Since JBIC was established in July 2000, we have focused on the structural and
functional analysis of proteins and database-related projects. Although genetic
research was initially the main emphasis, we have expanded the scope of our research
to include functional RNA, translational research (TR) and iPS cells.
We have successfully completed these projects in close cooperation with industry, academia and government, and obtained various findings and research results as follows.
Development of research tools, and enhancement of their precision
Supersensitive protein–protein interaction analysis system
World-class analysis capability utilizing electron microscope, NMR, mass spectrometer and microarray
Significant improvement in performance of an in silico simulation system and enhancement of its precision and speed
myPresto (Medicinally Yielding PRotein Engineering SimulaTOr), high-precision molecular simulation programs
Construction of Natural products library containing more than 300,000 samplesThe natural compounds produced by a microbe are very useful as a new drug candidate compound.
Construction of Human proteome expression resource (HUPEX)Full-length cDNA clones are essential experimental tools for functional analysis of human genes and proteins. We have constructed over 40,000 human Gateway entry clones from full-length cDNAs which cover approximately 80% of all human genes. This set is the Human Proteome Expression Resource (HUPEX) and biological data for these clones are presented in the Human Gene and Protein Database (HGPD)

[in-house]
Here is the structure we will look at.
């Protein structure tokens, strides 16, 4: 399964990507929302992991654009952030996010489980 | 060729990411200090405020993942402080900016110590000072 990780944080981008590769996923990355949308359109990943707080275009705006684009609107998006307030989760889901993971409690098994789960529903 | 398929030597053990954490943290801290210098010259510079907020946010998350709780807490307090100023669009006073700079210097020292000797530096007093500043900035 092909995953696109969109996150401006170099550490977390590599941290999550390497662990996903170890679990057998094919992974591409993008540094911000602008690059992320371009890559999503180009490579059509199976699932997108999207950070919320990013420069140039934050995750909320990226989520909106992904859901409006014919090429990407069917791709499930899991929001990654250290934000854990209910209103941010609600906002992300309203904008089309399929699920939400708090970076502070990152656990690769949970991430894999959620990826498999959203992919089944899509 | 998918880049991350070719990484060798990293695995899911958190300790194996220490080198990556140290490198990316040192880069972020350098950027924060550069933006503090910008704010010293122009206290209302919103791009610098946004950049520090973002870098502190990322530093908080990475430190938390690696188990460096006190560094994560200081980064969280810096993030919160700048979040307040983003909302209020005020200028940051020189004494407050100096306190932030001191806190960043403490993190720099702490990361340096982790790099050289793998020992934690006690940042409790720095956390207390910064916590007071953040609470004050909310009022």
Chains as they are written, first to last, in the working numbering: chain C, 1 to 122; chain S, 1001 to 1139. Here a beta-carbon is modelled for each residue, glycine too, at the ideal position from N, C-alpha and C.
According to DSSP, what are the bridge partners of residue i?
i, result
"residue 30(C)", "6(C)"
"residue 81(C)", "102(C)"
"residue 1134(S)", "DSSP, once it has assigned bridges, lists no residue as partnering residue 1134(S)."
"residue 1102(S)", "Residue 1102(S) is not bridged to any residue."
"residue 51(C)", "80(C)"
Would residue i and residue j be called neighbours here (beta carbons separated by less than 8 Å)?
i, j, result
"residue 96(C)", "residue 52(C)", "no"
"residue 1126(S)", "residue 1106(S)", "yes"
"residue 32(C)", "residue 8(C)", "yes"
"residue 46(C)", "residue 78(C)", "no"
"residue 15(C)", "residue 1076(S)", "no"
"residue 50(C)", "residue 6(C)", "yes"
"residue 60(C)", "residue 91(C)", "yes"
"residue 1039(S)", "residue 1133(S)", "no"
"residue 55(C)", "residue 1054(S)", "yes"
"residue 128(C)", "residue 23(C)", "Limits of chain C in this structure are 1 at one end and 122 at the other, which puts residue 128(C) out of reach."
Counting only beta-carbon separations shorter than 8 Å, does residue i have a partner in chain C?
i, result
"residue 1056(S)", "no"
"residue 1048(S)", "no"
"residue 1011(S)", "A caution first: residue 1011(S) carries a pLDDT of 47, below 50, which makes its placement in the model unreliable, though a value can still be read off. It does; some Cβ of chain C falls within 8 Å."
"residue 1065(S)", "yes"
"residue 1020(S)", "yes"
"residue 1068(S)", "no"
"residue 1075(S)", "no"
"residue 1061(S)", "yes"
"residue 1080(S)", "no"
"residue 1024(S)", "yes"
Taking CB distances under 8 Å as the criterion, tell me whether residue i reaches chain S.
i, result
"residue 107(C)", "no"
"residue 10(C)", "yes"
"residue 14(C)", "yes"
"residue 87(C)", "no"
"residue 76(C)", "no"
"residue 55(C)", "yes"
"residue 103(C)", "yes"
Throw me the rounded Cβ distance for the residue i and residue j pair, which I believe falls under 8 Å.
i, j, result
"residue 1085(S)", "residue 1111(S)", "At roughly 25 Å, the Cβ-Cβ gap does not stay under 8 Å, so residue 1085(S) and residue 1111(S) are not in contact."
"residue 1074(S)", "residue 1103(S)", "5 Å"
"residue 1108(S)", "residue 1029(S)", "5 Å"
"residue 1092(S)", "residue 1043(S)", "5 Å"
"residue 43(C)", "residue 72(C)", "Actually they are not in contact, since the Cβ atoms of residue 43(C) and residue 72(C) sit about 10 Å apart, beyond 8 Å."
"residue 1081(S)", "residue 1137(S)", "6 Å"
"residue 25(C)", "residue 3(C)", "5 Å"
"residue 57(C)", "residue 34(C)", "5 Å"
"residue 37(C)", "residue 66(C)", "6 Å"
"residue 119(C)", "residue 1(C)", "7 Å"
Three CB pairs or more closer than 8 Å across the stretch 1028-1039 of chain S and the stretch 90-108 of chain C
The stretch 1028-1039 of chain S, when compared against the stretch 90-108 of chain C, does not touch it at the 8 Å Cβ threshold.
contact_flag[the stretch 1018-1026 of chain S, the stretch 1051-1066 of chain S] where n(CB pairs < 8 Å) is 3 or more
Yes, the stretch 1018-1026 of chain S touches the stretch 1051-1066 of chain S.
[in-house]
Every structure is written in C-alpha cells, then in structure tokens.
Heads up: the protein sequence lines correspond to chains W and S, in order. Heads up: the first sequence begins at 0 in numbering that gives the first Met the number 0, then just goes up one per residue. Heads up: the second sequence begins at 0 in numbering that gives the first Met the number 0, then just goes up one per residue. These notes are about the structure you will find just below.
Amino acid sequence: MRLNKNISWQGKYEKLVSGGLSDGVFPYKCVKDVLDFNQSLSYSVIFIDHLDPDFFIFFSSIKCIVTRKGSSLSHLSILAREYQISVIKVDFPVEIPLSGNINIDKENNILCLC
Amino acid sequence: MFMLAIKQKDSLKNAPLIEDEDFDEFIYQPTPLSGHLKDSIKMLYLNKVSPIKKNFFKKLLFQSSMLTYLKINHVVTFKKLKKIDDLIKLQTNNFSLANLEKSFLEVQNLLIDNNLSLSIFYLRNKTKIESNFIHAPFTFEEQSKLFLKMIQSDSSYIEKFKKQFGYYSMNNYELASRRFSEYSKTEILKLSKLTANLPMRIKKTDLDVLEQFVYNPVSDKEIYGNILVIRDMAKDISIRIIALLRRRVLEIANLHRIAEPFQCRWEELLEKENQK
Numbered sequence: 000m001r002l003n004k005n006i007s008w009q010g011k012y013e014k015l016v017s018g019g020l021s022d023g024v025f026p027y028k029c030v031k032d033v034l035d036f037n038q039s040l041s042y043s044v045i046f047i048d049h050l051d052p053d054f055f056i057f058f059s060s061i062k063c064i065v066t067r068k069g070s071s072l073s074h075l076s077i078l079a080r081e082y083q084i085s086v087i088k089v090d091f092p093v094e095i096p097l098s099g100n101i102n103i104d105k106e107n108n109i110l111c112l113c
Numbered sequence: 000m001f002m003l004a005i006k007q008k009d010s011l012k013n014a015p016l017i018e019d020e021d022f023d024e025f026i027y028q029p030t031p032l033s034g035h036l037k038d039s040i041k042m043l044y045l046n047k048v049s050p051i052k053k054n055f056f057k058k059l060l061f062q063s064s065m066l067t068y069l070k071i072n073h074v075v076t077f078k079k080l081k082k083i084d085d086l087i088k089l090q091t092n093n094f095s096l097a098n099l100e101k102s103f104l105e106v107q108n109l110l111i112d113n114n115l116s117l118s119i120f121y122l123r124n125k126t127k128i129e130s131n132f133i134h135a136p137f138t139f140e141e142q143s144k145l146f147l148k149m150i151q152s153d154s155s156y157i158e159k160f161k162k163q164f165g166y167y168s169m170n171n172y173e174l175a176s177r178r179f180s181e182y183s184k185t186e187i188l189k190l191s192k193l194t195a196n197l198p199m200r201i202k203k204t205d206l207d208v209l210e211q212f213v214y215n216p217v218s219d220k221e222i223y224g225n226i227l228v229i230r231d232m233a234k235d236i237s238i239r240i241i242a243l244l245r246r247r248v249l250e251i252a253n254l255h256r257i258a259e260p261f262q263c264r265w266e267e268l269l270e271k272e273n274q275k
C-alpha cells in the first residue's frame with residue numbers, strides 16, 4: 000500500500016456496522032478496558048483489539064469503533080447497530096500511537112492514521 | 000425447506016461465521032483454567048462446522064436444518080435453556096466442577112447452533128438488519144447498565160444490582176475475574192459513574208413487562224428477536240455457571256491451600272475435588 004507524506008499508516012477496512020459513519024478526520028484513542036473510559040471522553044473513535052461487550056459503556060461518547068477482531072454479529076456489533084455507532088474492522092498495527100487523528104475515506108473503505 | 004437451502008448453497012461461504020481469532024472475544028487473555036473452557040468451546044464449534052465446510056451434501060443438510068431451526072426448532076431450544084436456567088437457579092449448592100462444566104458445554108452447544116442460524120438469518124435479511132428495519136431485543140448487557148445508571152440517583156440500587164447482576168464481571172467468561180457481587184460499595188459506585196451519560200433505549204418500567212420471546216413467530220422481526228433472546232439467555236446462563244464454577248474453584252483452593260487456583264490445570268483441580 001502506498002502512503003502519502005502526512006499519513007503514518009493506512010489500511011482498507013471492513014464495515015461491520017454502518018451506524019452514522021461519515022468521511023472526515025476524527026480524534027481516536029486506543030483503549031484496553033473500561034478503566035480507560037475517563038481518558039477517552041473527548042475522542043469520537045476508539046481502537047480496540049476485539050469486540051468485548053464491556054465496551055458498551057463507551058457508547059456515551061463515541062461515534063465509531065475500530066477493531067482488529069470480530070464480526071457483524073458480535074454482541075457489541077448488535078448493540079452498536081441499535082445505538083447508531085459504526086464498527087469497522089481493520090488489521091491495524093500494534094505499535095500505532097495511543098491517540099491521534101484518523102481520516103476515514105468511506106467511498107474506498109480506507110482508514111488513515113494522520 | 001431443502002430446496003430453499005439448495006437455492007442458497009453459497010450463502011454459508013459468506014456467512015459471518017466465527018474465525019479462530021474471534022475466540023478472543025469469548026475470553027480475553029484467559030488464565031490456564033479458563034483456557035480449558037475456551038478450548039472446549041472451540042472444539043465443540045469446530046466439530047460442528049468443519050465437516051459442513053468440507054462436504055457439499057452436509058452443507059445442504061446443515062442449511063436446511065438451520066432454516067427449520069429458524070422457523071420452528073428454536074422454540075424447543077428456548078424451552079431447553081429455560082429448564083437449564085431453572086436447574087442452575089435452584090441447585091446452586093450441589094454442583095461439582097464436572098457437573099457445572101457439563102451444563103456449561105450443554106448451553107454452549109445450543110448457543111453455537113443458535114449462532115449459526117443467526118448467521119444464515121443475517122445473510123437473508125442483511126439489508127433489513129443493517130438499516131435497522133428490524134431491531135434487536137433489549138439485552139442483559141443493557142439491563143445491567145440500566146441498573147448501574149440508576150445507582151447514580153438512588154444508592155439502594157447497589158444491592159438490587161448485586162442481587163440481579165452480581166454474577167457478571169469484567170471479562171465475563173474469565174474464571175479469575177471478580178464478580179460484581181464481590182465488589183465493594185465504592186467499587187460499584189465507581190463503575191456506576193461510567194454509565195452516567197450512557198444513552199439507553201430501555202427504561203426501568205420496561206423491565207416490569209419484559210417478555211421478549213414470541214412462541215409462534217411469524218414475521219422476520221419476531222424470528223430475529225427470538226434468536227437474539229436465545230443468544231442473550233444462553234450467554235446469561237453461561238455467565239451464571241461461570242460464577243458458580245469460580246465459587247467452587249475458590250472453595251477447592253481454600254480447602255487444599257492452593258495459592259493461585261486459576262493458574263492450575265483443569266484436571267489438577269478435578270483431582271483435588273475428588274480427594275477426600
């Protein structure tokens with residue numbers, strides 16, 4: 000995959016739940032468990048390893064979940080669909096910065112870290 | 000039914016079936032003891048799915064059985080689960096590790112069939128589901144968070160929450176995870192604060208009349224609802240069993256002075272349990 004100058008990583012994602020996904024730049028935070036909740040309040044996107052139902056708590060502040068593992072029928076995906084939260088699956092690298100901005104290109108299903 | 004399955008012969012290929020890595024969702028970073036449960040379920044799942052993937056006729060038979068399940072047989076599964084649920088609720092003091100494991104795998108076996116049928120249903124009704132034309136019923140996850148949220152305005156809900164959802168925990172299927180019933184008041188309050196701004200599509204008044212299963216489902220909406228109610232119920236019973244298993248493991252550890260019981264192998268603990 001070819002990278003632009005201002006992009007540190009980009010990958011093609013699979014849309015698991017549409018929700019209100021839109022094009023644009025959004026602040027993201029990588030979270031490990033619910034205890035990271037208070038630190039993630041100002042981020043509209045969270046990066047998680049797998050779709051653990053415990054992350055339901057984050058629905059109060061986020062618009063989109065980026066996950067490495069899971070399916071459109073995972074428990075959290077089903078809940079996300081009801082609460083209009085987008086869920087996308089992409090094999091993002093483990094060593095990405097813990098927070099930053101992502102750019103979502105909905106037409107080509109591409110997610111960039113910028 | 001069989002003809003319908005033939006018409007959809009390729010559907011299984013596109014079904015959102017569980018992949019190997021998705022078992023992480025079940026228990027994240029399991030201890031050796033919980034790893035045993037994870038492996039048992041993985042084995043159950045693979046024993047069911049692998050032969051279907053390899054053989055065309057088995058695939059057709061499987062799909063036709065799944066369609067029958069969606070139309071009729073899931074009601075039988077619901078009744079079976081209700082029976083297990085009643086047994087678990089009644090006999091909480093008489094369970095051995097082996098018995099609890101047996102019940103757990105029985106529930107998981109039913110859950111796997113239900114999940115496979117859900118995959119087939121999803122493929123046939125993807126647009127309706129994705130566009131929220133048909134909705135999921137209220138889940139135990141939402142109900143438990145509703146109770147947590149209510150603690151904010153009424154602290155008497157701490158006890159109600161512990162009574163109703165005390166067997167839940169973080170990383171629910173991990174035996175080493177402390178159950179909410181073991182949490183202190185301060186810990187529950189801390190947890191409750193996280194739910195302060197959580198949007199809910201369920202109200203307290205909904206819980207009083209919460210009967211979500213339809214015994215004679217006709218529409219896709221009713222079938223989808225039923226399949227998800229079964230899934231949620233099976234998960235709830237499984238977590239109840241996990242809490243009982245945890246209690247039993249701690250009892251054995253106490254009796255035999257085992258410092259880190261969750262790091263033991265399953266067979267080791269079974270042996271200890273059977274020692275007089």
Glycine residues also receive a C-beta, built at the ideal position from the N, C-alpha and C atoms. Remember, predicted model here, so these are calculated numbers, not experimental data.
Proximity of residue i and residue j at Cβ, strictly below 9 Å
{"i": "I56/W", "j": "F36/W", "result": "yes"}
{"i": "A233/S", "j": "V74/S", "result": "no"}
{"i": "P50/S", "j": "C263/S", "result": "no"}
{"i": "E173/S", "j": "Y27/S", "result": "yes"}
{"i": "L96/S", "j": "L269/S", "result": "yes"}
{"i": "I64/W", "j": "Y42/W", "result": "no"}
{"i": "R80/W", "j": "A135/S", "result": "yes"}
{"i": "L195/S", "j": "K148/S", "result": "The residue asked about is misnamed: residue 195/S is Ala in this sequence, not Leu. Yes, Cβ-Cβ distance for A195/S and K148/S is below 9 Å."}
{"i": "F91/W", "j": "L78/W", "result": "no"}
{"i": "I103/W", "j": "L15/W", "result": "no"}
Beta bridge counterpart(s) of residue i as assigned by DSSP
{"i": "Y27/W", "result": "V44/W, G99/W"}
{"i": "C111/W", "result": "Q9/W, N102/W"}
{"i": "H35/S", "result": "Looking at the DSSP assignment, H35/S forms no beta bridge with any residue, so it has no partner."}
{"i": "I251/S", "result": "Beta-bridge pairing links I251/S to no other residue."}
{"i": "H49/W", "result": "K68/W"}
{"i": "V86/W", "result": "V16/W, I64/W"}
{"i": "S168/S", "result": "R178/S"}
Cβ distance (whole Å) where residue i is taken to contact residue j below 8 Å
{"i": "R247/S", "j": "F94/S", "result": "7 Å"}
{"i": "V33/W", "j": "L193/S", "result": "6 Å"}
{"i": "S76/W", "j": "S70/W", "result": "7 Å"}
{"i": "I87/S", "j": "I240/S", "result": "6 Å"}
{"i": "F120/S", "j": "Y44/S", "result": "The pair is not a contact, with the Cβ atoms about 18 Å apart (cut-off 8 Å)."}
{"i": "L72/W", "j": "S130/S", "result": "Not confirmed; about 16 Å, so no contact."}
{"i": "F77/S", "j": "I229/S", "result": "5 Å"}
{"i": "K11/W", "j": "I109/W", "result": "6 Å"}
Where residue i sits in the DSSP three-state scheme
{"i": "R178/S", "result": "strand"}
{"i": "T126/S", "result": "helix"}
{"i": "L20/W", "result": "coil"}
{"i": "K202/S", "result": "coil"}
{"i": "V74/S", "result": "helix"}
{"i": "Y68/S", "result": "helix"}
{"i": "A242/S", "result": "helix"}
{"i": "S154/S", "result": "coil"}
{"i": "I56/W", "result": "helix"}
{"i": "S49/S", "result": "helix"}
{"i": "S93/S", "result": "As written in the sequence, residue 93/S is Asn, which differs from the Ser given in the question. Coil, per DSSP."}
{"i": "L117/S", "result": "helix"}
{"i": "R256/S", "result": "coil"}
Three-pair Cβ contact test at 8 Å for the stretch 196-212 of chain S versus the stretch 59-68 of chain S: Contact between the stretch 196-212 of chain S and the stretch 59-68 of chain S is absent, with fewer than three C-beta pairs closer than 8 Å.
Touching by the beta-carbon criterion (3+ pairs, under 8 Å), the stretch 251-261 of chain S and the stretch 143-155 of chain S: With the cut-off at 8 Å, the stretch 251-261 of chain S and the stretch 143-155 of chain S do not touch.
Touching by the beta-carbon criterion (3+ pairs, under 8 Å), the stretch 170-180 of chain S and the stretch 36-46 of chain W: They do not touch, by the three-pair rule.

Glis 1: Discovery of a new high-efficiency inductive transcription factor of iPS cells
In the study conducted in collaboration with Prof. Shinya Yamanaka of Kyoto University, Glis 1 was found in the full-length cDNA library as a new transcription factor to induce iPS cells with higher efficiency and improved safety. There are high hopes that this result will contribute to clinical applications in the future.
Development of PaGE-OM (Phenotype and Genotype-Object Model)
We developed a method for the genotype-phenotype data description format, called PaGE-OM, which describes the relation between individual DNA genotypes and phenotypes such as disease or drug susceptibility, which was approved and adopted as an international standard.
We encourage industry and academia to use the findings of our projects.